religious conflict, including virulent antisemitism. Anti-clericalism was
also rife among the intelligentsia. In any case, Poland’s rapacious
neighbours, both west and east, within twenty years destroyed the nation and
sought to enslave its peoples. Both Nazis and Soviets persecuted the church
brutally and consistently. Under the Nazis, nearly a fifth of all Polish
Catholic priests were killed; 1760 Polish priests were sent to Dachau, where
860 died; 3 bishops were murdered in concentration camps. The material
damage destroyed all the achievements of the interwar period; the moral
damage was incalculable. But the identification of Polish nationalism with
Catholicism gave rise to examples of heroic resistance and defiance, such as
the self-sacrificing death of Maxymilian Kolbe, later canonized. In
Kloczowski’s view, the Catholic Church suffered terrible losses, but its
position in 1945 was much stronger than in 1939, which was to be of
paramount importance in the subsequent years.
The forty-five years of Communist rule still need to be objectively
researched and analyzed. But it is clear that Poland was the most
significant arena where the dominant Communist totalitarian ideology was
challenged by the vitality of Catholicism, powerfully and deeply rooted in
the people at large. The 1945 revision of Poland’s borders strengthened
Catholicism by expelling other Christian communities, while the few
remaining Jews sought exile elsewhere. But the task of restoration was
deliberately obstructed by the anti-clerical policies of the regime, which
led to the arrest and detention of the Polish Primate, Wyszynski, for three
years from 1953-56. The stubbornness of the church was undoubtedly one
factor which forced the government’s new leader, Gomulka, to take a more
moderate stance after 1956. Despite the official propagation of communist
atheism, the popularity of the “church-in-chains” grew steadily, as did the
authority of its leaders, one of whom became Pope in 1978. The emphasis on
pastoral work was notable, but strengthened the church’s innately
conservative character. Not until 1970 was Polish first used in the Mass,
and the reforms of the 2nd Vatican Council were only slowly adopted.
Kloczowski acknowledges the danger of Polish-Catholic ethnocentrism, and
regrets that, for all its vitality, the church shows little willingness to
engage in ecumenical activities beyond its immediate horizons.
The election of a Polish Pope and his appeal to the moral foundations of
Christianity’s heritage undoubtedly played a significant role in undermining
the Communist regime. The regaining of independence was of course a welcome
development, even if it led to the appearance in Poland of scores of new
religious groups, Christian or other. Kloczowski notes that, despite the
numerical and organizational strength of Polish Catholicism, it also suffers
>from manifest weaknesses and inner divisions. Political quarrels over the
role of the church in society are notable. Theological consensus on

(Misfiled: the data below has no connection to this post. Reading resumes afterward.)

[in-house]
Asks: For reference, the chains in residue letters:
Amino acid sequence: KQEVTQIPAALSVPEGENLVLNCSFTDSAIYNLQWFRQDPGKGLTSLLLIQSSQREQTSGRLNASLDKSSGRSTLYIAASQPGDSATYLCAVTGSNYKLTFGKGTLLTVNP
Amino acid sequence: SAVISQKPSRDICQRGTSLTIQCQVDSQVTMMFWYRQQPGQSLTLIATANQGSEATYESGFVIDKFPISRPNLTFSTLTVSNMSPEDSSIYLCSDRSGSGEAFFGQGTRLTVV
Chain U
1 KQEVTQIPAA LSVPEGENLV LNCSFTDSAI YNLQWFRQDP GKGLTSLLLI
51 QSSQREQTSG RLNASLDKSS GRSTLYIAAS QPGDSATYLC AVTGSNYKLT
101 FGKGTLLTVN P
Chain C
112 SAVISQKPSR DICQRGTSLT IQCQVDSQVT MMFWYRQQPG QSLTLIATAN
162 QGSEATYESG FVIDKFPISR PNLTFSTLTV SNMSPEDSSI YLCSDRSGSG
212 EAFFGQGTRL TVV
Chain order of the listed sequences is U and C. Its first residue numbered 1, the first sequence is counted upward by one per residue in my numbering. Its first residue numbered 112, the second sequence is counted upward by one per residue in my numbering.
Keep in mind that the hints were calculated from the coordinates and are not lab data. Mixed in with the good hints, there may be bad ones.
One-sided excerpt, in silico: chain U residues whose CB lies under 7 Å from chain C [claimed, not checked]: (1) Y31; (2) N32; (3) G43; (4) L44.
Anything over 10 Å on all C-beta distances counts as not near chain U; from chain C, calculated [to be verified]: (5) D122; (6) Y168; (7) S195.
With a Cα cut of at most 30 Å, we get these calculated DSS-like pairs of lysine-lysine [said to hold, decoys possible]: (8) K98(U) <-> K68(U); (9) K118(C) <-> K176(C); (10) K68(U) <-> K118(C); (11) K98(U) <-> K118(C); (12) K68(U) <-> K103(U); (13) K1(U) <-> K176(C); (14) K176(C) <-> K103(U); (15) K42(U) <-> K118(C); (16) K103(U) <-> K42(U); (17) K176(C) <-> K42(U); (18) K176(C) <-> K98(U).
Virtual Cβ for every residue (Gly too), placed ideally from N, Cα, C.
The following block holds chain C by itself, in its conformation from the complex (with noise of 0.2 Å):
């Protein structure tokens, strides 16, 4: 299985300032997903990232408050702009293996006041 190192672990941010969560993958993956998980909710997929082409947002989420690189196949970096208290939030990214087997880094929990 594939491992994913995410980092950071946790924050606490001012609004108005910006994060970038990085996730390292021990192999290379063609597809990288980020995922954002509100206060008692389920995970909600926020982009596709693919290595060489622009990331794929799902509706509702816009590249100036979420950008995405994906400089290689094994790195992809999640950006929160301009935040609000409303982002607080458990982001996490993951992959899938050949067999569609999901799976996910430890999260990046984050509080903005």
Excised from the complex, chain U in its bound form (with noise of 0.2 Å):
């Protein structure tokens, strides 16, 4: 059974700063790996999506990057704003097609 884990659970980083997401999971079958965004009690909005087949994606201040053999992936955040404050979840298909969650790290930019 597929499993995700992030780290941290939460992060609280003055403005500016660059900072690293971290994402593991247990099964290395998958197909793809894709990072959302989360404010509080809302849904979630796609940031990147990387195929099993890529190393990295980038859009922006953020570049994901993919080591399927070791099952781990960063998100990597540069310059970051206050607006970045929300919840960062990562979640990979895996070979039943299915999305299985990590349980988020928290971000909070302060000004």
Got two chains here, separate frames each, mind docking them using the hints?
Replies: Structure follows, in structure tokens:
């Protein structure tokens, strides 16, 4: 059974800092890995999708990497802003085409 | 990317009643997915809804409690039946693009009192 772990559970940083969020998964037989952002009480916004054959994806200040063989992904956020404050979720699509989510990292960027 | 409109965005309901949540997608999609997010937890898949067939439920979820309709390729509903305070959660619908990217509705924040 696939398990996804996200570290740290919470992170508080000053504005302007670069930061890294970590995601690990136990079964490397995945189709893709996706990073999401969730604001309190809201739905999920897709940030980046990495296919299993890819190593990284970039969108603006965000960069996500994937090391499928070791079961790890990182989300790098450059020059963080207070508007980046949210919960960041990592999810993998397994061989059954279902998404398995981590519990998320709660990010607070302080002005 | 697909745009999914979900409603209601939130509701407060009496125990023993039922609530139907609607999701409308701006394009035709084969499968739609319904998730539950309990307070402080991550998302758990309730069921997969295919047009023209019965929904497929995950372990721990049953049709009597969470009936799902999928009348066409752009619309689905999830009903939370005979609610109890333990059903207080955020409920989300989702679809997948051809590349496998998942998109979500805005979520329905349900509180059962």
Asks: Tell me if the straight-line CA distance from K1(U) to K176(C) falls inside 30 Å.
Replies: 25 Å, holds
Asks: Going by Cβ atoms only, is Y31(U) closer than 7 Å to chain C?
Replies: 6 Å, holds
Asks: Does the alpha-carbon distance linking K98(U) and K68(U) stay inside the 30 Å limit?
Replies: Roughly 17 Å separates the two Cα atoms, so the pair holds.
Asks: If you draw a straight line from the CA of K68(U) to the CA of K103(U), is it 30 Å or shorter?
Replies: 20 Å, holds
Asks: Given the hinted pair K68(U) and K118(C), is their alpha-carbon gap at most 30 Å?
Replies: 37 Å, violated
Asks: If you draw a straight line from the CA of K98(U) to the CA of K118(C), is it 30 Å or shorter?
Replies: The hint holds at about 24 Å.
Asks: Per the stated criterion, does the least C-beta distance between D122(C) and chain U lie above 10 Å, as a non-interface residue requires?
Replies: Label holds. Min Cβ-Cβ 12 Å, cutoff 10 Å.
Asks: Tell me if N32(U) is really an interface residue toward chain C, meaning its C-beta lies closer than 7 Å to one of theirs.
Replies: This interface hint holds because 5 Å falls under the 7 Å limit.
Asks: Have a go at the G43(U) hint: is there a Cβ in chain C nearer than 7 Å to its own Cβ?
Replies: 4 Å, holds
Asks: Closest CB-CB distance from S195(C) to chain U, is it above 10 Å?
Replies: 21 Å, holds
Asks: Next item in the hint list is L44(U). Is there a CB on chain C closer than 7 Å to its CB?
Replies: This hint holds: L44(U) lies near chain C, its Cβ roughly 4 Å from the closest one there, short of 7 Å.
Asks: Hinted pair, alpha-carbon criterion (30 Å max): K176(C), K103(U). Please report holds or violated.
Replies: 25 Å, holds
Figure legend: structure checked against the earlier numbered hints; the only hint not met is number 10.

doctrinal questions is far from complete. But such tensions could be
expected at a time when the social order in Poland, the Polish state, the
Church in Poland and all of Poland’s Christians have entered a new phase and
face challenges different from the one encountered under totalitarianism.
This eirenic and scholarly history gives an excellent introduction to the
present situation, and we are indebted to Professor Kloczowski for his lucid
guidance and appreciation. JSC

3) Book notes: Pia Nordblum, Fur Glaube und Volkstum. Die katholische
Wochenzeitung “Der Deutsche in Polen” (1934-1939) in der Auseinandersetzung
mit dem Nationalsozialismus. (Veroffentlichungen der Kommission fur
Zeitgeschichte, Reihe B. Bd 87), Paderborn 2000 DM 168
The Nazi policy of “Gleichschaltung” which affected so many aspects of
German life, also fundamentally altered the close relations between Berlin
and the German ethnic community in Poland, which had been established during
the Weimar Republic. One of the leading German Catholic politicians in this
community in Poland, Dr Edward Pant (1887-1938), early on recognized that
the new Nazi regime would try to exploit his community for its own political
purposes. However, he was unable to convince his compatriots of the accuracy
of his analysis of the situation. The German-Catholic minority split into
pro- and anti-Nazi factions. Following his isolation politically, Pant took
the counteroffensive journalistically, founding a new conservative Catholic
weekly newspaper in Upper Silesia, “Der Deutsche in Polen”. During its
publication run from 1934 to 1939, this newspaper quickly became an
important mouthpiece for German Christians living in East-Central Europe who
were opponents of Nazism, including recent emigres. The paper also served as
a forum for those German ethnic minorities in eastern European states who
did not want to be subject to “Gleichschaltung”.
The author, Dr Pia Nordblom, Heidelberg, has used rich and wide-ranging
source material from German, Austrian and Polish archives, as well as
extensive use of private papers, hitherto unknown. She has also analyzed the
contemporary press at length. As a result, she is able to paint a
comprehensive picture of the political and cultural life of the German
minority in Poland during the 1930s. Moreover, in describing the founding